Assuming you send two landers to Venus that have an expected "surface life" of, say, 8 hours.

The second lander arrives four hours after the first, parks up 100 yards away and trains a video camera onto the first whilst streaming everything back to Earth.

What would it look like to see the first lander slowly being crushed by, to the naked eye, nothing?

Like something out of a sci-fi movie?

edit: Wikipedia states that Venus' atmospheric pressure at the surface is about 93 bar (93 times Earths' atmospheric pressure at sea level), which it says is like being roughly 900 meters below the surface of the ocean.

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    $\begingroup$ I dont think its the crushing that gets them anymore so much as the being boiled in acid part. well till the acid compromises their structural integrity I suppose. $\endgroup$
    – anon
    Aug 27 '18 at 12:09
  • $\begingroup$ +1 Now I can't stop thinking about this! So I've asked a follow-up question: When did planetary scientists realize Venus' surface pressure was almost 100x that on Earth? How did they find out? $\endgroup$
    – uhoh
    Aug 28 '18 at 14:21
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    $\begingroup$ There is a much cheaper way to watch something crushed by a pressure of 93 bar, use a high pressure test chamber or place it at 930 m depth into the ocean. Dont be surprised if crushing is not slow but fast. $\endgroup$
    – Uwe
    Aug 28 '18 at 16:14
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    $\begingroup$ The expected surface life of 8 hours is not caused by the high pressure, the reason is the very high temperature of Venus. Venus probes were build to insulate the electronics from the heat and absorb some heat by melting chemicals. But these measures will only slow down destruction by the heat but could not prevent it. There are some submarines build to resist sucessfully a much higher pressure than 93 bar. $\endgroup$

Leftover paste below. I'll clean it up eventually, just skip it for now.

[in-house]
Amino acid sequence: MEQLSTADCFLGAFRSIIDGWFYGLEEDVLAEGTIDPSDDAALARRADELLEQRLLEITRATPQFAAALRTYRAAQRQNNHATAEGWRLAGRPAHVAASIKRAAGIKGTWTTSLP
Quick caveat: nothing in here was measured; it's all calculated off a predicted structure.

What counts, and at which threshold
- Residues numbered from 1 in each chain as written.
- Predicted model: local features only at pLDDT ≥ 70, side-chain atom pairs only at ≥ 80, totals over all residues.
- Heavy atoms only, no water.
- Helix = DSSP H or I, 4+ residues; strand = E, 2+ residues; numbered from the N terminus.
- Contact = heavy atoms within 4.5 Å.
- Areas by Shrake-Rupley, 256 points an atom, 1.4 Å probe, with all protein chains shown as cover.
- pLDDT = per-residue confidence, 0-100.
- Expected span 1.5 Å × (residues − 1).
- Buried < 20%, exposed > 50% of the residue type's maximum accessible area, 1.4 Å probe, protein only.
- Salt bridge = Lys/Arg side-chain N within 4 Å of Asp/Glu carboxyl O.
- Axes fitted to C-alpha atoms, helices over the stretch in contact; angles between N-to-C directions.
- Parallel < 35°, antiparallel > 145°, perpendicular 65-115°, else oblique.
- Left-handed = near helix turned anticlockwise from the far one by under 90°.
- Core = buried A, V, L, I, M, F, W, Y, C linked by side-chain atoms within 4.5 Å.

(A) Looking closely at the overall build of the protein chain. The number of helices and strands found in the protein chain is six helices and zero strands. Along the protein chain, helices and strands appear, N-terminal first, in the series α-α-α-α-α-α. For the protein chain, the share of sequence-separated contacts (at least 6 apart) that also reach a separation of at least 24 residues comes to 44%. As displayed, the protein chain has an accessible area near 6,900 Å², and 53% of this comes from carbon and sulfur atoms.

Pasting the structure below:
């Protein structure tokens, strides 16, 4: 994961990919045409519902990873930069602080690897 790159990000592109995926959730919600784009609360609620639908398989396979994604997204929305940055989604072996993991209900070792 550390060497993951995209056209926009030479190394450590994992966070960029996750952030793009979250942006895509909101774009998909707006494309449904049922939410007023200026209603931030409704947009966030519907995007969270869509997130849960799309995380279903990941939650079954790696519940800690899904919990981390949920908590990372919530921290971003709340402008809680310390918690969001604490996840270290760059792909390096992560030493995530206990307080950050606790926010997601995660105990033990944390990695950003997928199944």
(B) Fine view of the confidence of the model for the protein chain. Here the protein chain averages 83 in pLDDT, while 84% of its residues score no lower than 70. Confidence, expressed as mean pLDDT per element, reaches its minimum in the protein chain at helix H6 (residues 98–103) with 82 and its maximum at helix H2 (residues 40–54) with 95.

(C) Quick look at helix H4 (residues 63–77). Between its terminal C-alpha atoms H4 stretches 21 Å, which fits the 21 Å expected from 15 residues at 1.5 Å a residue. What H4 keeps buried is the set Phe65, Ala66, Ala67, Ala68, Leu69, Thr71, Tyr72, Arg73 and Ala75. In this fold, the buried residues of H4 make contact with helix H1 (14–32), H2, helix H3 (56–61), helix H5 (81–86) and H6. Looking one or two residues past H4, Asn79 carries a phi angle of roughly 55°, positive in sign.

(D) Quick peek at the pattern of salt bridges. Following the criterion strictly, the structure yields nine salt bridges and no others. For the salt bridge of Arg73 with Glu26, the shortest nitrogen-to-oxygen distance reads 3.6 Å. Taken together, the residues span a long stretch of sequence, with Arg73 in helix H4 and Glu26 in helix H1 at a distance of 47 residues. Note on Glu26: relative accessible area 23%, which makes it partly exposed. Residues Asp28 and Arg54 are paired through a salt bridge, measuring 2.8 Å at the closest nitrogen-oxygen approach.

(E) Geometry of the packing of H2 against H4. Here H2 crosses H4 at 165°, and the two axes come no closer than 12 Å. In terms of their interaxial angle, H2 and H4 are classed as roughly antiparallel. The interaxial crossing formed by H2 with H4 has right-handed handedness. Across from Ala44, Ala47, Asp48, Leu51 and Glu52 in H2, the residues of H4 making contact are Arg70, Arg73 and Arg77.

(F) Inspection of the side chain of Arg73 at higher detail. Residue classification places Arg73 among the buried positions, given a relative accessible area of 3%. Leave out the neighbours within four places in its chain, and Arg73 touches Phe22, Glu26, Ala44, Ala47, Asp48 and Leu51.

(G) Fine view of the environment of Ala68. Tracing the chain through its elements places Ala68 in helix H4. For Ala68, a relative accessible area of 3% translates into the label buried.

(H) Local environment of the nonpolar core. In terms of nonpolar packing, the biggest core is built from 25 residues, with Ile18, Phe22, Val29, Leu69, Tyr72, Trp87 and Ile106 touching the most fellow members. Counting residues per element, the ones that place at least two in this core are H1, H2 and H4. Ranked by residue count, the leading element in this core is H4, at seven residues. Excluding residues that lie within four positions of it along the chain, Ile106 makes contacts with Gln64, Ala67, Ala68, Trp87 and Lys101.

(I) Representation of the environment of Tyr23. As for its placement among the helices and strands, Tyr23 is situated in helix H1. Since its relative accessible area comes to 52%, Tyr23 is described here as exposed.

– Uwe
    Aug 28 '18 at 16:33

A lander is unlikely to get crushed. At the end of the expected surface life, the cooling system fails/runs out and the interior will start to heat up, which will cook the electronics. Seals will fail and Venus atmosphere will flow into the lander, equalizing pressure.

If it were to get crushed, it'd look like this:

imploded tanker car

This is a rail car on Earth that's imploded because the pressure inside was too low. It will not under any circumstance be crushed to nothing. The solids in the lander will not take up less space under 100 bar pressure, an implosion will only affect the gas-filled spaces inside.

A probe that's not strong enough to withstand the pressure, will get crushed (or spring a leak) on the way down. If it makes it to the surface, it's likely strong enough to stand up to the pressure until corrosion weakens the pressure vessel.

If a pressure vessel gets crushed, it's usually not a slow process. Instead, it's an almost instantaneous collapse.

  • $\begingroup$ If memory serves though, some of the earlier missions did implode because they didn't know how much pressure the venusian atmosphere had. $\endgroup$
    – anon
    Aug 27 '18 at 12:21
  • $\begingroup$ The earliest Veneras didn't make it to the surface, but we don't know for sure what happened to end their mission. Could still be a failing seal rather than collapse. $\endgroup$
    – Hobbes
    Aug 27 '18 at 14:03
  • $\begingroup$ Turn off your GIF blocker and check this out! i.stack.imgur.com/6z4qX.gif I used it here but I'm not sure the original source is there now. $\endgroup$
    – uhoh
    Aug 28 '18 at 14:38

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